Welcome to St Andrews

In the 4th century AD Constantinople was a troubled city, beset by warring factions. It was here that an angel is said to have appeared before St Rule, a Greek nobleman, and instructed him to carry the relics of the apostle Andrew, entombed in the city, to the ends of the earth for safekeeping. After taking the relics from Andrew's tomb, St Rule traveled north until a tempest drove him onto the East Neuk of Fife, Scotland, where he came across a small fishing hamlet called Muckros. Muckros had probably been settled for thousands of years by this point - although little is known about its early development - certainly the Romans built a marching camp nearby in the 1st century AD. But it was the arrival of the sacred relics that really put the settlement on the map: St Mary on the Rock (the remains of which overlook today's harbour) was built to house the relics and Muckros, then renamed Kilrymont ("the hill of the church of Rule") became an important place of pilgrimage. Later the town was renamed after the sacred relics themselves, and so St Andrews came into being.


The Beach at St Andrews

In 1160 St Andrews Cathedral was founded as a new home for the sacred relics. Consecrated in the presence of King Robert I in 1318, St Andrews Cathedral is the largest religious building ever constructed in Scotland, a fact which testifies to the town's place as Scotland's premier ecclesiastical centre and one of Europe's most important religious sites throughout the middle ages. The thousands of pilgrims that came to the town every year stimulated the town's growth. This constant coming and going helped to promote trade, primarily with the Low Countries. In 1620, when St Andrews became a Royal Burgh, the harbour may have been capable of berthing up to 300 boats. The town walls and fortifications built in medieval St Andrews testify to a town of some prosperity: the Mill Port, The Pends and West Port gates are amongst the finest to have been built in medieval Scotland. A Castle was built around 1200, which was to be the residence of the Archbishops of St Andrews, and became known as the Episcopal Palace. The impressive ruins of the castle are situated on a rocky promontory with a drop to the sea on three sides.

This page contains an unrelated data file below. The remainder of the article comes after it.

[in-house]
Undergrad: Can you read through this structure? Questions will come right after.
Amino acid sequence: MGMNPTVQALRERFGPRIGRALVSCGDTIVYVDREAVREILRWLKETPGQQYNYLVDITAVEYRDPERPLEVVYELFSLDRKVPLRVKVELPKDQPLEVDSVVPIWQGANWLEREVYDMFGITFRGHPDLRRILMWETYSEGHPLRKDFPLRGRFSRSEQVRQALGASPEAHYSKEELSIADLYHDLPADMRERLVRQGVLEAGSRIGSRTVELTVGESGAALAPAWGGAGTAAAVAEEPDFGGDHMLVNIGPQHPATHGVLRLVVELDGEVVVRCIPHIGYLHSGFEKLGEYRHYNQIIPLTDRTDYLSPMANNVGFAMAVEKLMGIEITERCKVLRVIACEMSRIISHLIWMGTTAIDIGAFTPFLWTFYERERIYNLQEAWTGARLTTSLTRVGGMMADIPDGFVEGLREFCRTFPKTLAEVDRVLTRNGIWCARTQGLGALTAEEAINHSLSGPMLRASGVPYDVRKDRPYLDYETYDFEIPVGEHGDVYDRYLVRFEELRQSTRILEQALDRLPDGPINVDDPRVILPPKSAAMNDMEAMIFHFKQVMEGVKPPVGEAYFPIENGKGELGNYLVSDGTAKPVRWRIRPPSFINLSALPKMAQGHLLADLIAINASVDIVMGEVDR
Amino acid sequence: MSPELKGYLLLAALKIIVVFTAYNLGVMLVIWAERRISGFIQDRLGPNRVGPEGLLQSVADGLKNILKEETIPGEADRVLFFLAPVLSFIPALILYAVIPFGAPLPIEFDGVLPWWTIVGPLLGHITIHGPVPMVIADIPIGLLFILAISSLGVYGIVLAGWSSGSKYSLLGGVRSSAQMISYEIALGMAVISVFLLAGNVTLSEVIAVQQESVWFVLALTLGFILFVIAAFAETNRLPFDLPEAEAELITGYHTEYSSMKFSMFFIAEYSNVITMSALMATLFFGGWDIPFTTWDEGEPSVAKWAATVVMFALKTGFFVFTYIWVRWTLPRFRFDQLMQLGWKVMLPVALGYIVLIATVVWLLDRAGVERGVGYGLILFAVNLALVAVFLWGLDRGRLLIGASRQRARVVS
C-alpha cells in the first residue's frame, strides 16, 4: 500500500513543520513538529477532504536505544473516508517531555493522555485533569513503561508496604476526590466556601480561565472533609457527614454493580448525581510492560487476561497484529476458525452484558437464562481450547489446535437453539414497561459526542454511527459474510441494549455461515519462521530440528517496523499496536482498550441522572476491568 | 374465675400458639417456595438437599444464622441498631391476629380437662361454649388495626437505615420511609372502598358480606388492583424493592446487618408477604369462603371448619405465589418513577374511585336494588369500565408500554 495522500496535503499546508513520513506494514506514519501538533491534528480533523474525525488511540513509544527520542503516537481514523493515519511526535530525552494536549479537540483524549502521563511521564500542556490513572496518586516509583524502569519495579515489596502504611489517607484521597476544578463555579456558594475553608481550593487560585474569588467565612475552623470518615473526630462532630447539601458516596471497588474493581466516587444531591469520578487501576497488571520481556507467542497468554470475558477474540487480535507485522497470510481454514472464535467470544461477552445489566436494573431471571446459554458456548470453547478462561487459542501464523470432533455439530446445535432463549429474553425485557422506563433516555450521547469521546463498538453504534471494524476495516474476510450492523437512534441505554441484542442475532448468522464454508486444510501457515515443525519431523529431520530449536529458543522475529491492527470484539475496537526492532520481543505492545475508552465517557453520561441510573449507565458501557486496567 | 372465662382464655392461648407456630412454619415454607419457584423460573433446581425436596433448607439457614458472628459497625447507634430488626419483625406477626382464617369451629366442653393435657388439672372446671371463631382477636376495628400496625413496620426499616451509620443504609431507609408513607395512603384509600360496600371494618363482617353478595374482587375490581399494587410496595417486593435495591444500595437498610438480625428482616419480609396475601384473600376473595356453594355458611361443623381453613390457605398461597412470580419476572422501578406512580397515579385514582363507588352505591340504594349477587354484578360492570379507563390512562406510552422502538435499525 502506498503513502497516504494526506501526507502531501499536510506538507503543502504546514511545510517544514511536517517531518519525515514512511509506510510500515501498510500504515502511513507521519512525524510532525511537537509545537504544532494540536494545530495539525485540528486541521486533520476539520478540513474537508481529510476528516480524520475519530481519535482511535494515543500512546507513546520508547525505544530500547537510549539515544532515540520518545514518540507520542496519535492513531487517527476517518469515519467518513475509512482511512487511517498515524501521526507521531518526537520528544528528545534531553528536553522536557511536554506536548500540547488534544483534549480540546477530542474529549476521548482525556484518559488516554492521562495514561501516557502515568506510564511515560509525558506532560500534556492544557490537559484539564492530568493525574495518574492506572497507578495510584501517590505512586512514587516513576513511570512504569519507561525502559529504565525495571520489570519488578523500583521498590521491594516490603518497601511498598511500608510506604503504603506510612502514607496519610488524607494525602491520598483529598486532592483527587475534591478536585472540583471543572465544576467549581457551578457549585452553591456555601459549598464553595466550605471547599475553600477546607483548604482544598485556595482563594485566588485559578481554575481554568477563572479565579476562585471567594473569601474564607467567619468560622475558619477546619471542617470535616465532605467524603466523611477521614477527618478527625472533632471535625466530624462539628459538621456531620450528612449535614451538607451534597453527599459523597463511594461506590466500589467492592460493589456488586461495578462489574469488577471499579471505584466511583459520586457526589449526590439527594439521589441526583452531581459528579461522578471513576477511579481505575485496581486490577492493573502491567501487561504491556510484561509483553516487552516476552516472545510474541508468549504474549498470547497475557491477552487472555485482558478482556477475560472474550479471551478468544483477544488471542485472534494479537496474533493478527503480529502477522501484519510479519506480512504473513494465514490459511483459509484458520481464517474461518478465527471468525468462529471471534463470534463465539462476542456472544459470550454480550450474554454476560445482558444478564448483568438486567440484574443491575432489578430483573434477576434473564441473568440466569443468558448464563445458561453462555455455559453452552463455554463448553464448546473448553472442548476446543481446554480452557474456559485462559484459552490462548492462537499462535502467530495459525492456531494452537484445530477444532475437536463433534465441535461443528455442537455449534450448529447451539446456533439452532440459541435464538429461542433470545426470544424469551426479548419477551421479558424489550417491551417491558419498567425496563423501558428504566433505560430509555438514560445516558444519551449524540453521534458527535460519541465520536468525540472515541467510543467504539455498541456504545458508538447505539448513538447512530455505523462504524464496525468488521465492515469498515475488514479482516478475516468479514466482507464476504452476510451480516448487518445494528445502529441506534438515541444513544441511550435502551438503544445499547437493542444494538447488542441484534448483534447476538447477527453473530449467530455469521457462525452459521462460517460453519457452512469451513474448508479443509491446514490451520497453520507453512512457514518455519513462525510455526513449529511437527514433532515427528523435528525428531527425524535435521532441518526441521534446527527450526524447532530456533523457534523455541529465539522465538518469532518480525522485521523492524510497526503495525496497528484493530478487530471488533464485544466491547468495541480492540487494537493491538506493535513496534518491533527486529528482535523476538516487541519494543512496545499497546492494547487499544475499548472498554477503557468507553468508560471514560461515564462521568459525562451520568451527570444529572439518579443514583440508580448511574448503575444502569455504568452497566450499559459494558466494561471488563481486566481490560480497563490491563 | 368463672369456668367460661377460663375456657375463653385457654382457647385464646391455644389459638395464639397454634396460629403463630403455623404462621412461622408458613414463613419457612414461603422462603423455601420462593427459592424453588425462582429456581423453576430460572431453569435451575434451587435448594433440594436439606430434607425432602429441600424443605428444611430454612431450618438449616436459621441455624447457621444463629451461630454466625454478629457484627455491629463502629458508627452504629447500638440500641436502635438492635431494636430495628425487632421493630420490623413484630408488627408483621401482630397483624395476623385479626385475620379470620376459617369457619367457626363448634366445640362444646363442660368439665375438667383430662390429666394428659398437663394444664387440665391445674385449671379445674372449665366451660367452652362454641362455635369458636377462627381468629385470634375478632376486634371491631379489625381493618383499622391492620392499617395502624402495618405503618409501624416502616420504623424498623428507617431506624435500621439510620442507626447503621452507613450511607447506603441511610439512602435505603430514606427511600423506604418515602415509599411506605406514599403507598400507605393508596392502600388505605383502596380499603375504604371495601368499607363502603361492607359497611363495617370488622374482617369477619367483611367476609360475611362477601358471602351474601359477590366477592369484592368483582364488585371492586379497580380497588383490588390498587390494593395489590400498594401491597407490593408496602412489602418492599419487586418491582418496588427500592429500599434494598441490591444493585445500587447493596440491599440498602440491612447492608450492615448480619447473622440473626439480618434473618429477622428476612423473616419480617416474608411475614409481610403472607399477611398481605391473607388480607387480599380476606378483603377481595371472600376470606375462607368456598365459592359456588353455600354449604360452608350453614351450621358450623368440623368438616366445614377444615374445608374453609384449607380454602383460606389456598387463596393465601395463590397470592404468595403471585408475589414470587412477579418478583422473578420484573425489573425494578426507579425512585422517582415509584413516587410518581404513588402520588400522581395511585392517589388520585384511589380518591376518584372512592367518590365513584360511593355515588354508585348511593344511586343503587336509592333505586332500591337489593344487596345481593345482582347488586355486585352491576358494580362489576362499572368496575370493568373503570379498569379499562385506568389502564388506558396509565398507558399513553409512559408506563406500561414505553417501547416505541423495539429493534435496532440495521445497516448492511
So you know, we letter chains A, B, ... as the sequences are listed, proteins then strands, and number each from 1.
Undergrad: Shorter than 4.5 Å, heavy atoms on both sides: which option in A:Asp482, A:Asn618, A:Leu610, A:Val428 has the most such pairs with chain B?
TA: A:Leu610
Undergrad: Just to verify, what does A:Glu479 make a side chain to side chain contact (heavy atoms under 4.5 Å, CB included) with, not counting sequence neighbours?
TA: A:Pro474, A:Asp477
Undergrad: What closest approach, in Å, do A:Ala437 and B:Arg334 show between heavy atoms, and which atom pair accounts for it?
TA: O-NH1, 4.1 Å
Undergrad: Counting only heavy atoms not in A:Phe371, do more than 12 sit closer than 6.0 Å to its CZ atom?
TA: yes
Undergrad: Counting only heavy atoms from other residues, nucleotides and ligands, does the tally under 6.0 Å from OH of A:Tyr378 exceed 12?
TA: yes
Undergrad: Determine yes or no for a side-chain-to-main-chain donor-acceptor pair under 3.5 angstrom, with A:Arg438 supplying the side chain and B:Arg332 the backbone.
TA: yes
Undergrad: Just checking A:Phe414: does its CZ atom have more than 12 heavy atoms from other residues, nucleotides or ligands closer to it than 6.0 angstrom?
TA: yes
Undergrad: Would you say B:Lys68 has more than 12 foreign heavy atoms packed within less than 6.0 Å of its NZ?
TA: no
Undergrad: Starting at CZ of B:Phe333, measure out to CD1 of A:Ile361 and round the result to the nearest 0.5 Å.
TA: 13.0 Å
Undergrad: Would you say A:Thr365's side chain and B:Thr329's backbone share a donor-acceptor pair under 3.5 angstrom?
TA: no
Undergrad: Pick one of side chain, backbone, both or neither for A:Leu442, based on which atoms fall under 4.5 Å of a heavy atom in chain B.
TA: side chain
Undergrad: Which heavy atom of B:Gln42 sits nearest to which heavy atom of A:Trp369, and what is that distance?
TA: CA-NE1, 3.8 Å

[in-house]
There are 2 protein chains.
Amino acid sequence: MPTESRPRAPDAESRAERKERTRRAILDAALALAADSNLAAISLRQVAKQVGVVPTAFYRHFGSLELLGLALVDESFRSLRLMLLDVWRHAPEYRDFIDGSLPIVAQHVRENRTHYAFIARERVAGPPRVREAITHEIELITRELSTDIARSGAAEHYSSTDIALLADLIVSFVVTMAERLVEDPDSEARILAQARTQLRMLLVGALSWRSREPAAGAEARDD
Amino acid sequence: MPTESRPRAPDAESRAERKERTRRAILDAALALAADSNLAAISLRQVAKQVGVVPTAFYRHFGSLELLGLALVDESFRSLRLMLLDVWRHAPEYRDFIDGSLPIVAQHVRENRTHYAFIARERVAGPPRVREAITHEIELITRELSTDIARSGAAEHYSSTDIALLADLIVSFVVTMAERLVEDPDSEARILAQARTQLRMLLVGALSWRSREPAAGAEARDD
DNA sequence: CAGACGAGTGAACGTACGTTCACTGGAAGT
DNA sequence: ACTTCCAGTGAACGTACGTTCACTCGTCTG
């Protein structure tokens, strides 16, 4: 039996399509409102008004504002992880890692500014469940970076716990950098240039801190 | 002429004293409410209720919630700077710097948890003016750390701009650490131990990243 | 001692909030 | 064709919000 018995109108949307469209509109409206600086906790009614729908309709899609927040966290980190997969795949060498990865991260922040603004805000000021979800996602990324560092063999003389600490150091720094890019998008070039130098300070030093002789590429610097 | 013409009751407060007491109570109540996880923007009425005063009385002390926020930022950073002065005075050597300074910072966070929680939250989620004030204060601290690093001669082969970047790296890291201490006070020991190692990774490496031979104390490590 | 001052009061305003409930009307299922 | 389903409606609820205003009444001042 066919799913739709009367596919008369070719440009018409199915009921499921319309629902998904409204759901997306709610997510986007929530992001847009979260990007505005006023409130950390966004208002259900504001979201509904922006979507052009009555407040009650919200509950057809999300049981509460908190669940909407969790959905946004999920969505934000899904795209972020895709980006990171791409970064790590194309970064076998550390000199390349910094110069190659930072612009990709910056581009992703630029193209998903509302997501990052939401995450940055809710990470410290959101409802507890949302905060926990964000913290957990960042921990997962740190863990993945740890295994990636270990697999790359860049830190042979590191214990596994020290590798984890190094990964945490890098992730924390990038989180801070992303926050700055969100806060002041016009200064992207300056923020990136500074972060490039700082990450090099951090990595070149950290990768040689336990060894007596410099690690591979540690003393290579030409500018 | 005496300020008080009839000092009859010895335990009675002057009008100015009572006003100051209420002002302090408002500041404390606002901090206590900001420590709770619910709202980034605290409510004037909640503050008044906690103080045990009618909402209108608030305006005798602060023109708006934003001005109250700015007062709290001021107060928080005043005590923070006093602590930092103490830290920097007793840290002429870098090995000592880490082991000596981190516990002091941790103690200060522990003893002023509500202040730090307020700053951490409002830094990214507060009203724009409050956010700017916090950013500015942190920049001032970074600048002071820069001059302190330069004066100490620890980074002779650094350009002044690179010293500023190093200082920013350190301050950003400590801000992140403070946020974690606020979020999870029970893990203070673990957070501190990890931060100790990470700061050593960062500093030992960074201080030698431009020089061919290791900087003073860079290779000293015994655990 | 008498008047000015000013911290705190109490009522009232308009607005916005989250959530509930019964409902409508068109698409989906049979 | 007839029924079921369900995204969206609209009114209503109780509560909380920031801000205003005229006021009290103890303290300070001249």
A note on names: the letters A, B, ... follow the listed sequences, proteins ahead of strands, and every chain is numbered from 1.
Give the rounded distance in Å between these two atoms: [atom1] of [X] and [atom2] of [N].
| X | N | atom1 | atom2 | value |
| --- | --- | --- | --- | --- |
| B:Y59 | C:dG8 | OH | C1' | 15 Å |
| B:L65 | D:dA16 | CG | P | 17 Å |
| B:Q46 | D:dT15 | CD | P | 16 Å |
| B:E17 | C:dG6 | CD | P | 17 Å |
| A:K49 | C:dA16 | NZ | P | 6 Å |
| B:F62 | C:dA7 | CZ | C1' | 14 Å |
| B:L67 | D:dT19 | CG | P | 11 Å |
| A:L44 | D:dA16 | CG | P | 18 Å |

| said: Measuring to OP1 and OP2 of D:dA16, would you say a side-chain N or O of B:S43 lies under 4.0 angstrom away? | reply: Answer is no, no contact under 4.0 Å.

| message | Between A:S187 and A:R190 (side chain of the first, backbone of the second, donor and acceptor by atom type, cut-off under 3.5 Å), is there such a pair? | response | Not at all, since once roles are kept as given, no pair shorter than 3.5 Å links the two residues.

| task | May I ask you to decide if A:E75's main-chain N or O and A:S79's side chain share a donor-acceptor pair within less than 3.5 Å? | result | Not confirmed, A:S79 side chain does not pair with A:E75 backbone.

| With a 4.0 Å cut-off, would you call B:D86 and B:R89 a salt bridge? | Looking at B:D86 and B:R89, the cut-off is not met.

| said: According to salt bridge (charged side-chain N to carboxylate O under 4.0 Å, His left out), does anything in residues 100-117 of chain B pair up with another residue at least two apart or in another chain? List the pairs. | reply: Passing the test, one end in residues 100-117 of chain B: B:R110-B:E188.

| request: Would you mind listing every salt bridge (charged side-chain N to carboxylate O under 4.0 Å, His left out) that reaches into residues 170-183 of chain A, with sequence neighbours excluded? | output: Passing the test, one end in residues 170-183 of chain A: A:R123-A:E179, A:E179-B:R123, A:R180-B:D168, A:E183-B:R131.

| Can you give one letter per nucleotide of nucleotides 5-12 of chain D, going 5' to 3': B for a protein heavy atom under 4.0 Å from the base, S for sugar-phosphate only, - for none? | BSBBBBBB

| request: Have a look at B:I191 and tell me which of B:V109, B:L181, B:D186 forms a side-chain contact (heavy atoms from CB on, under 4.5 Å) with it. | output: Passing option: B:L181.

In 1411, prompted by St Andrews' status as a religious centre, Scotland's first university was founded by Bishop Henry Wardlaw. Visitors are welcome to walk around the quads of St Salvator's (in North Street) and St Mary's (in south Street). In St Mary's quad, named after Mary Queen of Scots (1542-1587), visitors can see a thorn tree said to have been planted by the Queen. The University has a number of claims to fame: the Scottish parliament held a session here in (1645-46), in 1862 Britain's first female student enrolled in St Andrews; famous alumni include Alex Salmond, leader of the SNP, Edward Jenner, who fought smallpox with cowpox and Fay Weldon, an eminent writer.